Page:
beachLast week was a little strange for me. I didn’t write anything. I don’t mean that I didn’t write a piece for Sound Reason last week; I mean that I didn’t write a piece for any of the places where my work has shown up with high frequency in the last two years. It was extremely strange to hit Thursday and find that I actually didn’t have anything to promote or share or attempt to use to start a conversation about bigger issues online.

Spring has apparently sprung with quite the vengeance for many people that I know. But there are a few lessons that I’ve picked up from feeling stretched like silly putty over the last few weeks.

  1. You have to find a way to shut off your brain from time to time.
    For whatever reason, watching a baseball or basketball game, a movie or a tv show hasn’t been taking me out of my headspace. So I picked up some reading material and haven’t really been able to stop. In fact my list seems to keep growing right now. (For you sci-fi/fantasy folk that also enjoy mystery I do recommend the Dresden Files series by Jim Butcher – they aren’t all brilliant, but it’s been about 10 out of 12 for me)
  2. You don’t have to say no to things that come to you, but if you always say yes you will hit a point where you don’t have a choice.
    I’m notorious for saying yes to getting involved with projects. I want to help. I want to be a part of things I believe in and building something bigger. In the last few years I’ve said yes to a lot of things and people. I’ve never regretted saying yes to any of them, but it does keep me busy to the point where other things suffer and you sometimes lose that sense of balance when it comes to things that you want to do versus the things you’ve agreed to do.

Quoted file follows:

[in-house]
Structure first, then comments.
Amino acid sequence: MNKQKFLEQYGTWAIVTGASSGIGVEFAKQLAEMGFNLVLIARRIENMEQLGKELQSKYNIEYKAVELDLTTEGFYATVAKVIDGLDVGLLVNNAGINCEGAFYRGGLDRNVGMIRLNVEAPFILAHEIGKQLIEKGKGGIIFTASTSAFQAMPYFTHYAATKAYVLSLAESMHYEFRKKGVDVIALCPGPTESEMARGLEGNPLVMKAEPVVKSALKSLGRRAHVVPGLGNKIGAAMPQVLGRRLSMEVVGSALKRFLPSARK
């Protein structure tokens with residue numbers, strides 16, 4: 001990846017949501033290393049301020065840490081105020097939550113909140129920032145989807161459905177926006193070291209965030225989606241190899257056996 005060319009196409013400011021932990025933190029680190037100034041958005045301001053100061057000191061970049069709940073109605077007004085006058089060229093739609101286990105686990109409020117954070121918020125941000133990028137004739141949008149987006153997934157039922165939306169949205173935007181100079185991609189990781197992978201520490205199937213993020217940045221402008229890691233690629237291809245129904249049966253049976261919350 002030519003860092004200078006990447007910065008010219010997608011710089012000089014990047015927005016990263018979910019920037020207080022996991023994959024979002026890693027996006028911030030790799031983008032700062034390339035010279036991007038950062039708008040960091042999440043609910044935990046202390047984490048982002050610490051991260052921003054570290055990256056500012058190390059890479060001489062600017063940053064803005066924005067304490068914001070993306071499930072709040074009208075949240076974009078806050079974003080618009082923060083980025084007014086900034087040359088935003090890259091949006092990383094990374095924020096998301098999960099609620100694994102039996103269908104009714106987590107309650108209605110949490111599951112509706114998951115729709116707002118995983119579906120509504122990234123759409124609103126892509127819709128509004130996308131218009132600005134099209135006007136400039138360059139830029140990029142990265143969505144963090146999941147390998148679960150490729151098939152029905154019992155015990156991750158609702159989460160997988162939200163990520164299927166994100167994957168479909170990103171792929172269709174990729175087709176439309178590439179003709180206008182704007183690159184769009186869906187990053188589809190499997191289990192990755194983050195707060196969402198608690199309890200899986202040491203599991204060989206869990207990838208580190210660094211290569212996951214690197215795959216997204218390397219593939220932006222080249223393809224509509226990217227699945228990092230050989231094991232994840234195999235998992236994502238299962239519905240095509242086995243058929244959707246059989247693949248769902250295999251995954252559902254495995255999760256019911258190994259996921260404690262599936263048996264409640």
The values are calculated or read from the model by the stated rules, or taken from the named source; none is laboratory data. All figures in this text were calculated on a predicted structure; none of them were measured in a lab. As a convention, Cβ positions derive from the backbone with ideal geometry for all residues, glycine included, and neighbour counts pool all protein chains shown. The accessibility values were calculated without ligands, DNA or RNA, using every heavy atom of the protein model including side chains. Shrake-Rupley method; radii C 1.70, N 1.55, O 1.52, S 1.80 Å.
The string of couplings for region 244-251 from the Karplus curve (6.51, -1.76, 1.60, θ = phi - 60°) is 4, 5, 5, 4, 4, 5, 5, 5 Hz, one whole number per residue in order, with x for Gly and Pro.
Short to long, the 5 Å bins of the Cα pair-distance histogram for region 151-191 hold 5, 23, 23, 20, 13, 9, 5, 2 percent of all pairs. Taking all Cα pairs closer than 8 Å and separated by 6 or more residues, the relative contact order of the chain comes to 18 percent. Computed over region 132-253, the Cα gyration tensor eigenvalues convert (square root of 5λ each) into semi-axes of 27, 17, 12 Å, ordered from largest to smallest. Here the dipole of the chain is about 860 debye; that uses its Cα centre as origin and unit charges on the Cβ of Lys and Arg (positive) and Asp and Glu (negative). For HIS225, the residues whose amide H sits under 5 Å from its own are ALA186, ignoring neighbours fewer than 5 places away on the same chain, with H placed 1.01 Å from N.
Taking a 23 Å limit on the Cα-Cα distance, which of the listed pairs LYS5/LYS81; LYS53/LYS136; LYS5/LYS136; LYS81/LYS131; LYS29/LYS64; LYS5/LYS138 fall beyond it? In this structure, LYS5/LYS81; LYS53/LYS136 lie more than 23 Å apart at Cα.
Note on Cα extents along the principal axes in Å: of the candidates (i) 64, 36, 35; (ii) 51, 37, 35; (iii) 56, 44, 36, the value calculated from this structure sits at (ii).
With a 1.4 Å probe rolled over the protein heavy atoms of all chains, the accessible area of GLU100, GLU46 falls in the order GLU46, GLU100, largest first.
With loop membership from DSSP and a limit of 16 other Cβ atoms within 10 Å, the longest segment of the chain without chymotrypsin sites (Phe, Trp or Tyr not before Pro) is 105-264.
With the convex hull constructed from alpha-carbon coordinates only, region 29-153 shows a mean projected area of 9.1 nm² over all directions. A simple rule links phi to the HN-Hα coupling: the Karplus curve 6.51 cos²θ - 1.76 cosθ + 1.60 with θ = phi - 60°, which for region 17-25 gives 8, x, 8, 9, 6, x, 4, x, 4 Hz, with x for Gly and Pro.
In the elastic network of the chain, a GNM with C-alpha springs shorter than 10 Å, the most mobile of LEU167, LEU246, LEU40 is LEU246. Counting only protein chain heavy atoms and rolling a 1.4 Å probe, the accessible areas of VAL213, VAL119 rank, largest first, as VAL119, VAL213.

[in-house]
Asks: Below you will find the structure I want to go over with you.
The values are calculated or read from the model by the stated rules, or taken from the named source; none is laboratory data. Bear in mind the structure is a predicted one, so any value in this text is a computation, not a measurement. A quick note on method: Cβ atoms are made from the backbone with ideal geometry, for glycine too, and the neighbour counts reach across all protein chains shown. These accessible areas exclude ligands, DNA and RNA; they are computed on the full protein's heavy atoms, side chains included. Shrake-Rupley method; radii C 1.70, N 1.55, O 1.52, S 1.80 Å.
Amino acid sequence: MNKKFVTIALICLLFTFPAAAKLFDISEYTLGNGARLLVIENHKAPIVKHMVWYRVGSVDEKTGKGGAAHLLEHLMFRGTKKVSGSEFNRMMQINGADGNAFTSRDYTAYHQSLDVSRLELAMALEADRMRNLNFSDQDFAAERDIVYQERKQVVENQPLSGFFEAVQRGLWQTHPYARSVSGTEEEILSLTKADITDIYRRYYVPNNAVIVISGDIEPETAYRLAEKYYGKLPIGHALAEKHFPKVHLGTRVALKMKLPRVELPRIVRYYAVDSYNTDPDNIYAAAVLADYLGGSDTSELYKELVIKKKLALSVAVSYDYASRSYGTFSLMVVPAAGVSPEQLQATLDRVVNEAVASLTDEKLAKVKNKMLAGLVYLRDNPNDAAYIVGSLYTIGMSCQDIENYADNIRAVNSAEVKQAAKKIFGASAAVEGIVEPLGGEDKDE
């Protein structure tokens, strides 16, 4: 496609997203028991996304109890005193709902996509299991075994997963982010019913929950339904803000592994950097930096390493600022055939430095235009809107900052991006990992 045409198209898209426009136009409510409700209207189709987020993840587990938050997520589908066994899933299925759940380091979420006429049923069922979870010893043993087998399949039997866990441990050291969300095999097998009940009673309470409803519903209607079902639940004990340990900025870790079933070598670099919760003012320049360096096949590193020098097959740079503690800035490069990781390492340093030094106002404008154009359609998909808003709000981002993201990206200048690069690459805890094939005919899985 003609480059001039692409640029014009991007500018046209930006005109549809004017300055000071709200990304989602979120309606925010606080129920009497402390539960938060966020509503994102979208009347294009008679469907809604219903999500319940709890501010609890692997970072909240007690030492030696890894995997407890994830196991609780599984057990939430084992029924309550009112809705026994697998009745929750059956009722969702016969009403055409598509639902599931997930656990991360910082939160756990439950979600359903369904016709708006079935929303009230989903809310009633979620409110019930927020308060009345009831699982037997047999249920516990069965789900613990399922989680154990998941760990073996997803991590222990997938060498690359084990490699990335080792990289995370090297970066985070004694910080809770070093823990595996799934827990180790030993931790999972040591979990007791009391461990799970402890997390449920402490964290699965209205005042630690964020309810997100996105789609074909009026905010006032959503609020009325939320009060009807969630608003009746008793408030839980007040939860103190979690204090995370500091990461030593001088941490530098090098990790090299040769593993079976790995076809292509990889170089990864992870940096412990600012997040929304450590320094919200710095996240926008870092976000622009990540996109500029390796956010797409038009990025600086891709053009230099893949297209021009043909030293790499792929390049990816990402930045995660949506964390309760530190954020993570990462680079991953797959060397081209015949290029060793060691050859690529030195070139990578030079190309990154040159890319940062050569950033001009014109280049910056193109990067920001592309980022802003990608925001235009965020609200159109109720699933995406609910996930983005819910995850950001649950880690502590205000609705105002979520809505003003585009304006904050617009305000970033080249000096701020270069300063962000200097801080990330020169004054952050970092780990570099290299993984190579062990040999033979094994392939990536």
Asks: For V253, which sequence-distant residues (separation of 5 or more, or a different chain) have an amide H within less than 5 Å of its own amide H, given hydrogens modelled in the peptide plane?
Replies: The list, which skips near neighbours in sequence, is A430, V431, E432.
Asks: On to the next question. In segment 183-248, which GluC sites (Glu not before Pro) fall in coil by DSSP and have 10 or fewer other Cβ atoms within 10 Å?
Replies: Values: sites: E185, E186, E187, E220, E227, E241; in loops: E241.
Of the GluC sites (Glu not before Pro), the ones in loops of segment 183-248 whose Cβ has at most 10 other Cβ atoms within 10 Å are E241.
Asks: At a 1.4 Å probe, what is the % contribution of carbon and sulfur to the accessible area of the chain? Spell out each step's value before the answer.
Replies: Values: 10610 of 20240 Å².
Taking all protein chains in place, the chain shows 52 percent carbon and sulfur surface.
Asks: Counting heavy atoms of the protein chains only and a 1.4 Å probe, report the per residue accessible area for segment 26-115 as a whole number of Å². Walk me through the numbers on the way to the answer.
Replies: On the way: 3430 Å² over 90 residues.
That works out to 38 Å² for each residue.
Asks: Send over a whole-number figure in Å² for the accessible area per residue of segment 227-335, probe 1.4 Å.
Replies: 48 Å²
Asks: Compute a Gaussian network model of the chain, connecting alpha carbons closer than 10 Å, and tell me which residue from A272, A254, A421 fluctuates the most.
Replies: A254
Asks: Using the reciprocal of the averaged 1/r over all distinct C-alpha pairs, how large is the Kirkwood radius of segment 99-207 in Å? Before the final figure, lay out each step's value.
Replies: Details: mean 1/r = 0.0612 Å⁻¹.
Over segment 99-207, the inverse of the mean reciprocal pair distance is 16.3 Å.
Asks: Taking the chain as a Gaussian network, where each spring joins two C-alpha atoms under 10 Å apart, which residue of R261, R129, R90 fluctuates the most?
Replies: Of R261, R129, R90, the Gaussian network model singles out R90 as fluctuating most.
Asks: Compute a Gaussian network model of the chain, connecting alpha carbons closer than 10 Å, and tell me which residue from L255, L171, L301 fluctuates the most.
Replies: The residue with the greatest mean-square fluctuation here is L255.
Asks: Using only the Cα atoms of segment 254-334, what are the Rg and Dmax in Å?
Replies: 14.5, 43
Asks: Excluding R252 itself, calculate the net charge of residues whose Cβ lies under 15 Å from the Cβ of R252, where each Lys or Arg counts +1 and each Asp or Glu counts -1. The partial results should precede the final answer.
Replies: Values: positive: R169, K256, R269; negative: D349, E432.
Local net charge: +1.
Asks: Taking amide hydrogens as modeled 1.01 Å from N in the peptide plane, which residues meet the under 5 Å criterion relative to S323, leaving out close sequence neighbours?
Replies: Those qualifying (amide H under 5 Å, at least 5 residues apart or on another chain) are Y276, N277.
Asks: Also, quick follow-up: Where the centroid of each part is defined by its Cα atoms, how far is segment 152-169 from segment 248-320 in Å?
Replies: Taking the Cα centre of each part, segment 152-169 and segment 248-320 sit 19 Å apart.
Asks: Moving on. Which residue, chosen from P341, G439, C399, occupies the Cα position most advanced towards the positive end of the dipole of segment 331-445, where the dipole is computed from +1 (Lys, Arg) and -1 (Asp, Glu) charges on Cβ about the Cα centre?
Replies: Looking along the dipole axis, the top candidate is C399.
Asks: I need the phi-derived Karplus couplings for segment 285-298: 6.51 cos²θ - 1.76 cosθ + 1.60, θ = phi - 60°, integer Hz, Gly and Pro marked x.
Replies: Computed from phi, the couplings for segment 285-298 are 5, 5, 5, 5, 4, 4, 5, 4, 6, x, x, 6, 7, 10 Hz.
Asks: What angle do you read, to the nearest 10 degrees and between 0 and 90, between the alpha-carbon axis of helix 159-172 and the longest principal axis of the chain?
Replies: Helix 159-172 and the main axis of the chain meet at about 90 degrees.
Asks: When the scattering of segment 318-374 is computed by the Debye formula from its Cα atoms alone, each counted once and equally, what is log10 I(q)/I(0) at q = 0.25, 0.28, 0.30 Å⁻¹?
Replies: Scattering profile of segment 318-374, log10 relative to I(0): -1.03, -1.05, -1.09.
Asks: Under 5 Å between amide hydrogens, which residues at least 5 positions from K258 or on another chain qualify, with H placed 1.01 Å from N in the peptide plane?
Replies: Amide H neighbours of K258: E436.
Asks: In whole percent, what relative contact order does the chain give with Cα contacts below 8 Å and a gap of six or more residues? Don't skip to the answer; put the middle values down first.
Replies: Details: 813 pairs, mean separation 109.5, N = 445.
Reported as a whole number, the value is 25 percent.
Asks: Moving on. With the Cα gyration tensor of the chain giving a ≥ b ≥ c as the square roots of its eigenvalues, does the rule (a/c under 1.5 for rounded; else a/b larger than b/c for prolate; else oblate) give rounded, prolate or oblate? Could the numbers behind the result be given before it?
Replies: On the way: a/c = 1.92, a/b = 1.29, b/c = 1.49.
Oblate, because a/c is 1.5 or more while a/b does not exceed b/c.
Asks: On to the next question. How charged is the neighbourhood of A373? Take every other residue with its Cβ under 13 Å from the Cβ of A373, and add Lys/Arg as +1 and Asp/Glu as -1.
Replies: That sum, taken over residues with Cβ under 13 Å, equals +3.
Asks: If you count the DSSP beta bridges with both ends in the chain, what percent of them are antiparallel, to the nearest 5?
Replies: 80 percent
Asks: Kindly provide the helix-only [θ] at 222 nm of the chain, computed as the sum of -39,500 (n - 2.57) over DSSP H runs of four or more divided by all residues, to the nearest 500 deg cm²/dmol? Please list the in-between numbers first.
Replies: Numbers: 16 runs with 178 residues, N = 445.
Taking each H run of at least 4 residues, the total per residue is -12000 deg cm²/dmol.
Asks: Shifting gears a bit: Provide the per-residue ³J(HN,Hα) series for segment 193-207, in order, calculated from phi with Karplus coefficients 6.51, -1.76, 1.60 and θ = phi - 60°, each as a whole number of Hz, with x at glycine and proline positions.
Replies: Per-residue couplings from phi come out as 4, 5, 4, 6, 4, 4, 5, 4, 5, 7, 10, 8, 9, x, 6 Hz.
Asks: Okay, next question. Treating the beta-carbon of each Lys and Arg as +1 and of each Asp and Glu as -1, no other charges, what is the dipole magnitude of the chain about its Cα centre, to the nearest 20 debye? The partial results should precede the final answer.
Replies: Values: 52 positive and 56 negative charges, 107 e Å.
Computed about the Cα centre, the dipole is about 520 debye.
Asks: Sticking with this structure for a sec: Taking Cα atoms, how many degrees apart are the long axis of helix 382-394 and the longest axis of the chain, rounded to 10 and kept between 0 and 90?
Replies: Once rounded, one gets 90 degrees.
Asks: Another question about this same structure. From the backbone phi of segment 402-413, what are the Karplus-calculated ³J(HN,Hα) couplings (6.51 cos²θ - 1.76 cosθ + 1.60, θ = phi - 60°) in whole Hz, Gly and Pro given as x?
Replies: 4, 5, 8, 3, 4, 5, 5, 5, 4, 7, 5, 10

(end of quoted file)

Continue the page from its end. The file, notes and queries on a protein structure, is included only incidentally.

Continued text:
3. Burnout is a real thing that shows up in different ways for different people.
    You have to give yourself a chance to breathe. If you get overwhelmed you will hit a wall and everything you’re working on will eventually suffer. Personally, I hit the wall a few weeks back when I realized that my retention and concentration were slipping to unfamiliar territory. I was constantly struggling to keep up with the myriad of projects that were on my plate from the day job as well as the side things that I had relegated to only weekends. Take the time to put all those things aside and recharge – it might cost you more in the long run.
  4. Pick your battles.
    Controversy is a part of life. Some avoid it like the plague because they don’t like it, while others go charging into it. If you’re fighting every battle that comes up, then how can you put your best effort into the ones that matter most to you? By picking the ones that mean the most you stand a better chance at showing why they matter and influencing the kind of change that you wish to see in those circumstances and the world overall.

We all have a lot going on these days. For me, AVNation is buckling down as we prepare for InfoComm, I’m looking at the bigger picture of some extremely political and complex issues and trying to figure out how to translate an outcome that brings everyone home a winner, plus my own individual InfoComm preparations, and oh yeah, that day job thing too. But there must also be time in there to push that to the side and take a sabbatical – even if it’s just for one to a few hours a day.

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